Saturday, March 22, 2008

An allowance

I'm spending the library's money, specifically on books on religion, international travel, and world history.

That sounds well and good--but it's rather hard. There's a host of considerations to keep in mind. There's the target population (the county, which is overwhelmingly white, mostly conservative), the mission of the library (to help make responsible, well-informed citizens), the purpose of the collection (to educate, but also to provide leisure reading--this is a public library, not a university library).

So, with all that in mind, I approach the catalogs. Is it any wonder I am overwhelmed?

I've been spending time in the stacks, communing (I can't think of another word, and since the library director used this term, I will too) with my sections. This entails not just staring at the books (though there's plenty of that), but considering the strengths and weaknesses of what the library has, looking for potential gaps, deciding what is outdated and needs to go, deciding what should remain in spite of low circulation counts.

So far, I've determined that the Christianity section has nothing targeted at my age group, that we need some more liberal books to balance out the Lucados. The Buddhism section is strong, though I think the books on Judaism and Islam may need some updating. We have two books on Voodoo, due to a patron request.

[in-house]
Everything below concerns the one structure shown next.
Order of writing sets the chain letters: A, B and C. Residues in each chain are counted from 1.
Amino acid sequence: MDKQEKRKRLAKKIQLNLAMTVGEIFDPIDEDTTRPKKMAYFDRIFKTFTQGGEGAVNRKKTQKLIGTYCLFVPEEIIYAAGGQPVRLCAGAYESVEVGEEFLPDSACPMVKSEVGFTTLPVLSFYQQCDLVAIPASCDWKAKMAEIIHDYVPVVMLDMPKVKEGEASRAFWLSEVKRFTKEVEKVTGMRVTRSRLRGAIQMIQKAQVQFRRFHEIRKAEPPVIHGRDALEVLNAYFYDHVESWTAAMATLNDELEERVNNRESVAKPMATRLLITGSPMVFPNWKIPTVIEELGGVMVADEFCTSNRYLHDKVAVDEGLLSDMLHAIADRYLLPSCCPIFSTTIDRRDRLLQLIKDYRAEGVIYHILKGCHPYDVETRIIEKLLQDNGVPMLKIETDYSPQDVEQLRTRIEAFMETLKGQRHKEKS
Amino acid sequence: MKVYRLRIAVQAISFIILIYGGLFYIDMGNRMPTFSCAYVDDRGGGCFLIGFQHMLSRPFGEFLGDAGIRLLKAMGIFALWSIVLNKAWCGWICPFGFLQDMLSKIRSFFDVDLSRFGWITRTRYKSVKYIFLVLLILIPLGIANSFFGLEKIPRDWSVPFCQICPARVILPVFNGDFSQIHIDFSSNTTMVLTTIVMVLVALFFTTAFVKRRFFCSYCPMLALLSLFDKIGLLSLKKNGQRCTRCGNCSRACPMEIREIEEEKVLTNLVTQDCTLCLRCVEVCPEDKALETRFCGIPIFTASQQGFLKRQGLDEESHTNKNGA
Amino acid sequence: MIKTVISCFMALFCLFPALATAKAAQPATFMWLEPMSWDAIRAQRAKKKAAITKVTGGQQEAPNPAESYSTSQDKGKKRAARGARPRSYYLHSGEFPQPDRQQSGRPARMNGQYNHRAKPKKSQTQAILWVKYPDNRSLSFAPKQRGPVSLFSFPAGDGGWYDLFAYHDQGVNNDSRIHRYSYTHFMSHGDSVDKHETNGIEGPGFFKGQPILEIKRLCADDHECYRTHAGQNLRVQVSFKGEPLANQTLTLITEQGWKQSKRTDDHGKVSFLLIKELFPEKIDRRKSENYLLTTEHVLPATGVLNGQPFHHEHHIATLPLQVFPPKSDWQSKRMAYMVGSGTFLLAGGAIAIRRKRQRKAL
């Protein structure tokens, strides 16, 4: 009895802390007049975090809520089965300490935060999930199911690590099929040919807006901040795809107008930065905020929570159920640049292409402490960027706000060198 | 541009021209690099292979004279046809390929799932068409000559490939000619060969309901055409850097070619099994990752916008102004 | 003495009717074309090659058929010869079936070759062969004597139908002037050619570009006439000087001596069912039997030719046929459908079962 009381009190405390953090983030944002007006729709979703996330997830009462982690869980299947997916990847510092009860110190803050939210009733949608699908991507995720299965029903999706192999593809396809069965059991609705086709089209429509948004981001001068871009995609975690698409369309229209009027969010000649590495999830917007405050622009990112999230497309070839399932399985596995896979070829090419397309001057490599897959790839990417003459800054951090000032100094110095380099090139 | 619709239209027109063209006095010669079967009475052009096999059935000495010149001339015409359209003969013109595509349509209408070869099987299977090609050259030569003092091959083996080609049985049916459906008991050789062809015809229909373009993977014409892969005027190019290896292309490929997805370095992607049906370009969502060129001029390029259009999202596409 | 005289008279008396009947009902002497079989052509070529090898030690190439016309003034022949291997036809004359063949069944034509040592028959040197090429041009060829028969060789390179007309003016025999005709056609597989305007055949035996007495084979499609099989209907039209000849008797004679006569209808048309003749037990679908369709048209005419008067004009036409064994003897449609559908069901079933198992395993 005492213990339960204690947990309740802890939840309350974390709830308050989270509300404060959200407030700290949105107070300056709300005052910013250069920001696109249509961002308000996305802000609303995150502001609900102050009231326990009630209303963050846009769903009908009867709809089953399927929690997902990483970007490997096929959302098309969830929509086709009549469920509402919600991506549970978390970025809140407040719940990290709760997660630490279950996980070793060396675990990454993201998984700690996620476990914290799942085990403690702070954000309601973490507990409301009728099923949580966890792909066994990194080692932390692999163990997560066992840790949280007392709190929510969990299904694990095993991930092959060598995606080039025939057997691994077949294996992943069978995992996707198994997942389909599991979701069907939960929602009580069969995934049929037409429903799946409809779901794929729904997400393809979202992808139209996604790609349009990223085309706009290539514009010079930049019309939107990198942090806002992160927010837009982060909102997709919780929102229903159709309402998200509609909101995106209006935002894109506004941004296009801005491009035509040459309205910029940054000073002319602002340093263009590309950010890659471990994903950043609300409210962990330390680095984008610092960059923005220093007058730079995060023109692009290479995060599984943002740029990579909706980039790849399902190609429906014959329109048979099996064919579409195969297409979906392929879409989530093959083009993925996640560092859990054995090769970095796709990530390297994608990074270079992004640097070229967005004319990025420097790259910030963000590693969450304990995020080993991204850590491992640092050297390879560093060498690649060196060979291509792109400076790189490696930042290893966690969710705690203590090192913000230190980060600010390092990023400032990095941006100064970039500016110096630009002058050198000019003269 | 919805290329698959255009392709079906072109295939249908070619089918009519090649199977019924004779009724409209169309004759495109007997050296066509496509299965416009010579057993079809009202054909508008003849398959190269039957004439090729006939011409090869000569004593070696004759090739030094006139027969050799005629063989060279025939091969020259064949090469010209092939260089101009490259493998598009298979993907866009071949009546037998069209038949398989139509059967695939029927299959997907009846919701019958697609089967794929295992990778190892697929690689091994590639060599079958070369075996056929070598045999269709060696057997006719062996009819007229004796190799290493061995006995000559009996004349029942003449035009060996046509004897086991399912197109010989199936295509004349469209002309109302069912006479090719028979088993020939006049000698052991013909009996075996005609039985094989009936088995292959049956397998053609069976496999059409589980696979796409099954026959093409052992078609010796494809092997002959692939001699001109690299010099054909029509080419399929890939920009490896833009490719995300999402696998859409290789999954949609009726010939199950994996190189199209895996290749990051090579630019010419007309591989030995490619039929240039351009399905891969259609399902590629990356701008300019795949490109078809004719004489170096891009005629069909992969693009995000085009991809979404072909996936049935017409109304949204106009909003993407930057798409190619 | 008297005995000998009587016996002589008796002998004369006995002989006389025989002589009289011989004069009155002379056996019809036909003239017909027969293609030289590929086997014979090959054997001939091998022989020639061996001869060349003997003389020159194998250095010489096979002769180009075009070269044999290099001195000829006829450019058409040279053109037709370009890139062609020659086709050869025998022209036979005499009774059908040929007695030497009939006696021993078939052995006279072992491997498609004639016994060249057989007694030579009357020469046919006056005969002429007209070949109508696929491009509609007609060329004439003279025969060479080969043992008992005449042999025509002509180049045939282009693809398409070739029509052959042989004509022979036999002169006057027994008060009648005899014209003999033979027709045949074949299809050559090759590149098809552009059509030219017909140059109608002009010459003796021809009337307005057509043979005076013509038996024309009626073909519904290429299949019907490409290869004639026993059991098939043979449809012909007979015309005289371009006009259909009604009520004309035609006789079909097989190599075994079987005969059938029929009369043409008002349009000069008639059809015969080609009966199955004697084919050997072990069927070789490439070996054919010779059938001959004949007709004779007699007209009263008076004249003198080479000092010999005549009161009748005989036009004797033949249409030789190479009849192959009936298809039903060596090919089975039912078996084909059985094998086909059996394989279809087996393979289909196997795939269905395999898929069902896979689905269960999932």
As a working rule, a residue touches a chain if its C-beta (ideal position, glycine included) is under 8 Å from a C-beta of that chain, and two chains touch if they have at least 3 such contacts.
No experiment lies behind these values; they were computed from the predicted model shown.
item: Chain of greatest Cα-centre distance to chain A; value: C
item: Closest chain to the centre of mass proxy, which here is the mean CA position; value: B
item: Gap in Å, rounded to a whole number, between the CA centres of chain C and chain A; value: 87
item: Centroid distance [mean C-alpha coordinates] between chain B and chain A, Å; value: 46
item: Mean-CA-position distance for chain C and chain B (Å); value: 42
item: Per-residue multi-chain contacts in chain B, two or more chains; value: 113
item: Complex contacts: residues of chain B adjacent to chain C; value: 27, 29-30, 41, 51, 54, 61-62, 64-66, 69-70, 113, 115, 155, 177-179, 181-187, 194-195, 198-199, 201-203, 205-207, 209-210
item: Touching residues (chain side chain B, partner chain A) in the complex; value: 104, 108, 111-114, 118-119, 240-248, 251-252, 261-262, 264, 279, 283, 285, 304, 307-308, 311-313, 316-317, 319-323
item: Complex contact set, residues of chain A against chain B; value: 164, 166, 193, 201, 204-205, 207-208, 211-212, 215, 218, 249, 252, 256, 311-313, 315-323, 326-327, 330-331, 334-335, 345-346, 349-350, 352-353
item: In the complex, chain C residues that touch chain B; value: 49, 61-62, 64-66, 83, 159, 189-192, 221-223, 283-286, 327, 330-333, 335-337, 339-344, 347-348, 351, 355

Trying to maintain a collection that serves the interests of the library's patrons while at the same time maintaining a balance of materials that cover a broad range of subjects is tricky. This means that the Christianity section will be large in proportion to the Islamic section simply because the majority of library patrons are church-going folk (there isn't a mosque in the county that I'm aware of), but we will devote at least shelf to books on Islam so that people can learn about it if they so desire.

All these considerations...


dwain said...

A Rosicrucian text, perhaps?

Jefferson said...

Laura, this post caught my eye because I teach world religions.

You are right that your Christianity section ought to be bigger than Islam. But also consider the political climate and events - there are many people, including church-going Christians, who want to learn more about Islam.

I would definitely recommend books by John Esposito, probably the premiere Islam scholar in the US. His "Islam: the Straight Path" is a great introduction to Islamic history. Karen Armstrong, another popular religion scholar has "Islam:a short history" - which is fine though less engaging than The Straight Path.

Esposito also has an intro to Islam "What Everyone Needs to Know about Islam". He has also released a new study "Who Speaks for Islam: What a Billion Muslims Really Think" which is based on survey research done with Muslims worldwide. I haven't read it yet but it is an important book.

You may want to consider a few books on Mormonism - given the recent US presidential campaign which raised awareness of the Latter Day Saints.

Also for contemporary takes on Christianity (from a liberal evangelical perspective) you might want to consider Rob Bell and/or Don Miller. I read Miller's "Searching For God Knows What' and really enjoyed it. Also Timothy Keller - a Presbyterian just released "Reasons for God" aimed at a young audience.

You might consider contacting religion professors, say from UK, on occasion. They could give you some updates about books perhaps.

blessings, Jefferson Calico

CLM said...

You might consider browsing the Jossey-Bass website as their backlist might augment some of your deficiencies.